Ivan Kozlovsky  -  Beethoven, Schubert & Liszt        (Aquarius  AQVR 395)
Item# V2487
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Ivan Kozlovsky  -  Beethoven, Schubert & Liszt        (Aquarius  AQVR 395)
V2487. IVAN KOZLOVSKY, w.Orlov Cond.; Sakharov, Naum Walter & Nikitin (Pfs.): Songs by Beethoven, Schubert & Liszt. (Russia) Aquarius AQVR 395, recorded 1945-59. [A jewel of a recital, beautifully sung and fabulously well-recorded!] - 4607123631645


“…the contents of this CD show Ivan Kozlovsky at his most intimate, and communicative. His bright incisive tone that was capable of being so effective in mezza voce, piano and pianissimo, is also here certainly very telling when required in several fortissimo passages. Although his basic timbre is not ideal in capturing all those expected effects of chiaroscuro required from a lieder singer, he can, and does, always create the true atmosphere of an experienced recitalist. This is achieved by the skilful use of dynamics, by excellent phrasing that is combined with a strong sense of rhythm and by constantly maintaining a good legato in the cantilena….With clear and forward transfers, this CD is surely a ‘must’ for any devotee of Kozlovsky’s voice and art.”

- Alan Bilgora, THE RECORD COLLECTOR, 2017

“What an extraordinary disc! Ivan Kozlovsky was a Ukrainian tenor and one of the great stars of the Bolshoi Opera for decades. As both an audience favorite and a singer beloved by Joseph Stalin, he could have easily rested on his operatic laurels. He sang a repertoire of about 50 operas, from Puccini and Verdi to Gounod and Wagner (he recorded a complete LOHENGRIN [OP0251]) as well as Russian works both well-known and unusual. His Lensky was considered one of the great operatic portrayals of the twentieth century, and he was unparalleled as the Fool in BORIS GODUNOV [OP3152]. But he had a musical curiosity that went well beyond the opera house, even though he never sang outside of Russia and sang everything in the Russian language (which was the custom at that time and place). He left gorgeous recordings of Chausson’s ‘Poème de l’amour et de la mer'; and Britten’s ‘Serenade for Tenor, Horn and Strings’ with Rozhdestvensky conducting. He also sang Bach cantatas, Russian and Ukrainian folksongs, and a large swath of German Lieder.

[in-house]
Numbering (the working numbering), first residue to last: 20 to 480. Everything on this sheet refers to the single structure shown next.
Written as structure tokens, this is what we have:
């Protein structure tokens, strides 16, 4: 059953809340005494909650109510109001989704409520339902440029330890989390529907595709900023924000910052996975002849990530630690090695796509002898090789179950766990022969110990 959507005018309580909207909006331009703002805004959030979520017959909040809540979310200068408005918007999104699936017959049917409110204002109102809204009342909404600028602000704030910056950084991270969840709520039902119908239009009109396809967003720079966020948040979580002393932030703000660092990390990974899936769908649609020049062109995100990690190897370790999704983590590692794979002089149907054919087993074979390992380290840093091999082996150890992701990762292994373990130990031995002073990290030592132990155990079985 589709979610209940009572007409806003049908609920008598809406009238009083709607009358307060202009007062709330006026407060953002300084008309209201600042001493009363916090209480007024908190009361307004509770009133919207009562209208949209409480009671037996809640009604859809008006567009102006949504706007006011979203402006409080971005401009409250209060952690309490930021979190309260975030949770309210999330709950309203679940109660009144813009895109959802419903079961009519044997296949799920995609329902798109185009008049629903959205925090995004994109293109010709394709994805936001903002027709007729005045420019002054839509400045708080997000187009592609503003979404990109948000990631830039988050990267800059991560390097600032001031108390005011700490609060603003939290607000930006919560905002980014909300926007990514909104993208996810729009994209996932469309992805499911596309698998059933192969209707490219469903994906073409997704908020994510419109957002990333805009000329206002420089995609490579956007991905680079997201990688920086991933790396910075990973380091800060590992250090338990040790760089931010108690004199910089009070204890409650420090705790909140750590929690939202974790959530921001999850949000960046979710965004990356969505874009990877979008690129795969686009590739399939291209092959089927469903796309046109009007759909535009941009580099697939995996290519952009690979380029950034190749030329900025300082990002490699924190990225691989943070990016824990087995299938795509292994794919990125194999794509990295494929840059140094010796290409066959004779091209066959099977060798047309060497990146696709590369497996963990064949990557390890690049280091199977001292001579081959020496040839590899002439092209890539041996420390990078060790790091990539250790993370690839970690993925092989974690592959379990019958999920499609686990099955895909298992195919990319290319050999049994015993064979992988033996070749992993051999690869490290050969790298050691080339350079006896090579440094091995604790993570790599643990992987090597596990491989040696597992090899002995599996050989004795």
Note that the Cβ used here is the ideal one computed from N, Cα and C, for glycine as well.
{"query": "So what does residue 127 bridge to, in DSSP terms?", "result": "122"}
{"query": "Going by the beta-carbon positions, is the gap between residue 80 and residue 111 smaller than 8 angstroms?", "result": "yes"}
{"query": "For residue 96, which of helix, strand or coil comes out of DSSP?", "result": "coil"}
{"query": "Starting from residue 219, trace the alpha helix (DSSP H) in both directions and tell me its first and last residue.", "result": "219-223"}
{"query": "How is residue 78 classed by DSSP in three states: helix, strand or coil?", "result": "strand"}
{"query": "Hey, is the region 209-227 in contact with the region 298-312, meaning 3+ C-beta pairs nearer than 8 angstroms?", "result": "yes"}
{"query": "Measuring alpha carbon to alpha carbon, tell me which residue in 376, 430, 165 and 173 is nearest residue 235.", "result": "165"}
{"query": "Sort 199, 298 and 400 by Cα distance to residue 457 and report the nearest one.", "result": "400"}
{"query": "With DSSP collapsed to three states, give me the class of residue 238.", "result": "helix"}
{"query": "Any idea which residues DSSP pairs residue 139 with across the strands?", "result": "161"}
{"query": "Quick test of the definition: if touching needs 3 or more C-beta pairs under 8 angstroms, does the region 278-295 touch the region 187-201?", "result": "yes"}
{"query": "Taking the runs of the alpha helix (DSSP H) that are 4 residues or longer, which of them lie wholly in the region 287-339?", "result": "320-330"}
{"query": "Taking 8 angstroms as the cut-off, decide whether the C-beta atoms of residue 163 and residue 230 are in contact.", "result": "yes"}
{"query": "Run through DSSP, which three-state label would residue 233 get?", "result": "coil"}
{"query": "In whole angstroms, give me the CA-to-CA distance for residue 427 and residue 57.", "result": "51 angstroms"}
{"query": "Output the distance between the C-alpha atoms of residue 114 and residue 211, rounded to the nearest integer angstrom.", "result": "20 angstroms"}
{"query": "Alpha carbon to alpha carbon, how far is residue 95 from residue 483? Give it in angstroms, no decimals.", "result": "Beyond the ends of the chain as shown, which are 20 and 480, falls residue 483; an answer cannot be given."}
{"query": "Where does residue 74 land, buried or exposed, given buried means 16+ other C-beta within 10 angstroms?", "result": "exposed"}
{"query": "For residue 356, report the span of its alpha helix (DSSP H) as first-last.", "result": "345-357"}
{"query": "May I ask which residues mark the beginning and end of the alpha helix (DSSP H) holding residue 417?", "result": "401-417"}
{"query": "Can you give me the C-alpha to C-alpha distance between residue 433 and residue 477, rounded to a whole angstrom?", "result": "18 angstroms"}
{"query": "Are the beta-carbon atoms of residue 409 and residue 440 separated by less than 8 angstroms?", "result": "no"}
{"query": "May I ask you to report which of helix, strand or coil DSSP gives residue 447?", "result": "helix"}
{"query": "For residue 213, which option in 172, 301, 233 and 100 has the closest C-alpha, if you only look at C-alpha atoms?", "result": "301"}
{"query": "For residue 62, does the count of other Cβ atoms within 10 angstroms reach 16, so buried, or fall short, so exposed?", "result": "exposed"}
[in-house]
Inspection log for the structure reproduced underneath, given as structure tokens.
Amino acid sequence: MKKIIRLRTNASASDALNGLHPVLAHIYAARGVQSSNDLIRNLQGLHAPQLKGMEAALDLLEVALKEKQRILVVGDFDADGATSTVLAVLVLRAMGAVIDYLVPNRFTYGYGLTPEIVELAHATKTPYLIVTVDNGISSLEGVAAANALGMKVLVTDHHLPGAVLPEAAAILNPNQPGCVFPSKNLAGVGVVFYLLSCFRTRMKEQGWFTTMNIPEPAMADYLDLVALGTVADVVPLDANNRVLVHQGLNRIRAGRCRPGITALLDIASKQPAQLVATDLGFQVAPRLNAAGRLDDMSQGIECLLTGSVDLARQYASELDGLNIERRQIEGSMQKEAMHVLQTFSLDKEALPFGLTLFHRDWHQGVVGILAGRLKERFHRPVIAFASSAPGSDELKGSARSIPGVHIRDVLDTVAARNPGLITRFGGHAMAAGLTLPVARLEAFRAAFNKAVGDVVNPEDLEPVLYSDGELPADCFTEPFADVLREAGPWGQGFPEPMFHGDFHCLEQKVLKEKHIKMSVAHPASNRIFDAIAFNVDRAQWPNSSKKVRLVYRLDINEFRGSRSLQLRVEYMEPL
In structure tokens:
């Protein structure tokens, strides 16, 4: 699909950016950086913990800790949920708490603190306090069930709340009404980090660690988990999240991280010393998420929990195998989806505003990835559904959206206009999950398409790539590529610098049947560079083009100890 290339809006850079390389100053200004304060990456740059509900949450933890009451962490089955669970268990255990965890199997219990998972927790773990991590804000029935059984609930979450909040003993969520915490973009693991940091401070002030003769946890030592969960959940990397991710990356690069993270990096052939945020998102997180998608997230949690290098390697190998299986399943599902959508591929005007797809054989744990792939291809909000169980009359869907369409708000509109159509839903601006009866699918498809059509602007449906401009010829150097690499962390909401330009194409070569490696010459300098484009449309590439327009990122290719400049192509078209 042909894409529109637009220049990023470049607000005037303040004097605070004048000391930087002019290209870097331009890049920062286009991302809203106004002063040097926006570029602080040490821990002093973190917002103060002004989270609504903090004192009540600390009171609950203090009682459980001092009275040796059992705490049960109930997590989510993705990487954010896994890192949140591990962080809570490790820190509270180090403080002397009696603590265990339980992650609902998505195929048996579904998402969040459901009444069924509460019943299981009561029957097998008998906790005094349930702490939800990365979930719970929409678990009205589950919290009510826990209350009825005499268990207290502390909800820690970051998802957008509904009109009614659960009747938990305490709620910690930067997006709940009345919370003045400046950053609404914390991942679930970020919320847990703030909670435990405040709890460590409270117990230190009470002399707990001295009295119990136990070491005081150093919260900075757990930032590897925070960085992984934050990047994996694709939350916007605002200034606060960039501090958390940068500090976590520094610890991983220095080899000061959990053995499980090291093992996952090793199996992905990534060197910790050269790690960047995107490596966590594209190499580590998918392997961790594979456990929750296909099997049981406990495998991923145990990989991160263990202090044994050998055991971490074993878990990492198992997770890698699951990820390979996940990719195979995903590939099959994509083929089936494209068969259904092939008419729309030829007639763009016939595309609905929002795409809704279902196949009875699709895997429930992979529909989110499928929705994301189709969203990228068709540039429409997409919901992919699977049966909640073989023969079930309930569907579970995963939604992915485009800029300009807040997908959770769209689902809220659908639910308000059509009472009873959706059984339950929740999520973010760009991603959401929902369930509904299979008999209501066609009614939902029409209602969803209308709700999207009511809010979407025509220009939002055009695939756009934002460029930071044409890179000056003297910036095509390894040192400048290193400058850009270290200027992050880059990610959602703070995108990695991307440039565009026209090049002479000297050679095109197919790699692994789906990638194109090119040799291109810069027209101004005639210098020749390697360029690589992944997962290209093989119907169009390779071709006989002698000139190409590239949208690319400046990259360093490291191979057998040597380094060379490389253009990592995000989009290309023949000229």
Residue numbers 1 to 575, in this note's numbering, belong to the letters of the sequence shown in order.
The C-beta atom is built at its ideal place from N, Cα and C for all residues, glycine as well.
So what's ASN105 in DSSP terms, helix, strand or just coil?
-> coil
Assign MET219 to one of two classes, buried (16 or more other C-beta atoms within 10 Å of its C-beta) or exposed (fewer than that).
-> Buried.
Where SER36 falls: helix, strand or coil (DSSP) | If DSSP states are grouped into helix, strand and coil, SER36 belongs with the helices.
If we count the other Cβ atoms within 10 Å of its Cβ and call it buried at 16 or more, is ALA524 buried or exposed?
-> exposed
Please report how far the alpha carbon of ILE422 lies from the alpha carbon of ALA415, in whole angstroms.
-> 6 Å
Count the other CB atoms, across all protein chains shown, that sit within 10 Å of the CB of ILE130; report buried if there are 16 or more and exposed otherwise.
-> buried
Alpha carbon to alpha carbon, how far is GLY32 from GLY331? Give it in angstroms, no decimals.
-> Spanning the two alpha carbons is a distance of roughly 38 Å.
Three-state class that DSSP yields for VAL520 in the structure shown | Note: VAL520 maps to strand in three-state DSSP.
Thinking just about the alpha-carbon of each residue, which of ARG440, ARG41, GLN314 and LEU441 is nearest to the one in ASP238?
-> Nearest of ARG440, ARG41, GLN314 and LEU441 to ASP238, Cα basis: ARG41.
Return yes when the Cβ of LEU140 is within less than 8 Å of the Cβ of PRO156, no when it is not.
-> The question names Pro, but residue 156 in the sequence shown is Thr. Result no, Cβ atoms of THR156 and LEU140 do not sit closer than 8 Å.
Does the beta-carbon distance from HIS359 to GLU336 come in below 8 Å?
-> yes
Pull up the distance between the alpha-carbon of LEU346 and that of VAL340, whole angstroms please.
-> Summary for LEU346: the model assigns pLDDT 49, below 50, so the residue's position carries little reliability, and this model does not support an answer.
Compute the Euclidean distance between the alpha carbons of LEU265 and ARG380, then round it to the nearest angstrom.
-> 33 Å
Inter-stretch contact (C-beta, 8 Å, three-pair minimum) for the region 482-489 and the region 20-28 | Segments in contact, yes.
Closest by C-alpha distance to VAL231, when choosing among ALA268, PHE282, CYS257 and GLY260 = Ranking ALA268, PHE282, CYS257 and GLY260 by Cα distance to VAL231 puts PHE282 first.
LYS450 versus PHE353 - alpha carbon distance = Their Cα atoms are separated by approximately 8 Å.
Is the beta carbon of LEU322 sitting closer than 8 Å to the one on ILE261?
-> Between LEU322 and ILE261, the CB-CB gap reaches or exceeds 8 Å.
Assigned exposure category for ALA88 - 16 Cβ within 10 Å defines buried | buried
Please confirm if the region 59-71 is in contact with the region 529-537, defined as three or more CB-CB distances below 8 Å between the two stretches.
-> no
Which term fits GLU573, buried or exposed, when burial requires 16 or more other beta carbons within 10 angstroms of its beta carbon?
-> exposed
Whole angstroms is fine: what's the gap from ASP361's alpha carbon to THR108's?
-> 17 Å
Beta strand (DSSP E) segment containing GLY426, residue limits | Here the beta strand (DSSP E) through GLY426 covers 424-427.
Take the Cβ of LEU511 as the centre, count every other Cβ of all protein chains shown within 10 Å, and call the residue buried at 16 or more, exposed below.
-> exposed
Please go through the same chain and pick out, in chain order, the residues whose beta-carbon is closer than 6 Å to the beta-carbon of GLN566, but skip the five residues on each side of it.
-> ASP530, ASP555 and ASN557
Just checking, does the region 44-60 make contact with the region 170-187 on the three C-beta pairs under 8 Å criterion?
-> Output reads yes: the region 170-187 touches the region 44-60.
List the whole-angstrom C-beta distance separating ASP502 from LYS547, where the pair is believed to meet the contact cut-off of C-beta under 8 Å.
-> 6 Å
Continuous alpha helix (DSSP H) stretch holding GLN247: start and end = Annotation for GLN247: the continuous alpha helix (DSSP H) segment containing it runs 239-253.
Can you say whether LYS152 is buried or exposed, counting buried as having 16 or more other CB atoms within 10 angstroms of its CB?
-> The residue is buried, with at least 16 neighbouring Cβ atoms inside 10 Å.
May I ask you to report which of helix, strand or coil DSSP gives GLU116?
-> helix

Kozlovsky’s voice is for some listeners an acquired taste. I have acquired it, and find it beautiful. But reaction to voices is personal, and some listeners find it rather white in tone. What is inarguable is his remarkable control of dynamics, astonishing imagination in shaping phrases, and his innate feel for different musical styles. Even singing in Russian, his Verdi sounds exactly as Verdi should, his Faust [OP0164] is impeccably stylish, and for the most part his Lieder is sung with extraordinary sensitivity. He uses the whole dynamic range between the extremes of pianissimo and fortissimo with great subtlety. He could spin a cantabile line in a way equaled by few, his intonation was impeccable, and he could vary the color of his timbre to reflect the dramatic situation being depicted by the music. In these songs, we hear a few operatic flourishes here (in Beethoven’s ‘Mit einem gemalten Band’ for example, or Liszt’s ‘O lieb, so lang du lieben kannst’ - which is better known as ‘Liebesträum’). But those moments of grandeur are actually appropriate.

What is exquisite is the hushed beauty of songs like ‘Die stille Wasserrose’ of Liszt and ‘Ihr Bild’ of Schubert. Frankly, those two songs alone are so lovely that they are worth the price of the disc. He is attuned to the texts and their meanings, so the sense of heartbreak the distance between the singer and his lover in Beethoven’s great cycle AN DIE FERNE GELIEBTE is vividly conveyed. The last five Schubert songs listed in the headnote are from DIE SCHÖNE MÜLLERIN, and they make one wish he had recorded the entire cycle.

Nothing here is sung without thought or imagination, and throughout one is struck by the singer’s tonal imagination. His accompanists are all excellent (they are Matvei Sakharov, Naum Walter, and Piotr Nikitin), playing with insight and with a clear sense that they are listening and reacting to the singer. The Schubert ‘Ständchen’ is the one song given with an orchestral accompaniment, and Alexander Orlov’s conducting is tasteful and elegant (Orlov is the conductor on Kozlovsky’s great recording of WERTHER [OP0512]).

Aquarius has transferred these recordings cleanly; I have a number of them on Melodiya LPs, and these are the equal of the best of those LPs, and frankly better than many of them. Most of the recordings date from the 1940s, though some from the late 1950s. Kozlovsky sang well into his 60s (he recorded a fine LA BOHÈME at the age of 60) [OP3213], and gave successful recitals even in his 70s, retaining the evenness of tone and unique breath control to the end.

There are fine notes about the tenor’s concert repertoire and these recordings, but no texts. Most serious vocal collectors will have or be able to find the texts and translations (though not the Russian texts he sings). Anyone who is seriously interested in the vocal arts should have this quite extraordinary recording. I obtained it from Norbeck, Peters, & Ford (norpete.com).”

- Henry Fogel, FANFARE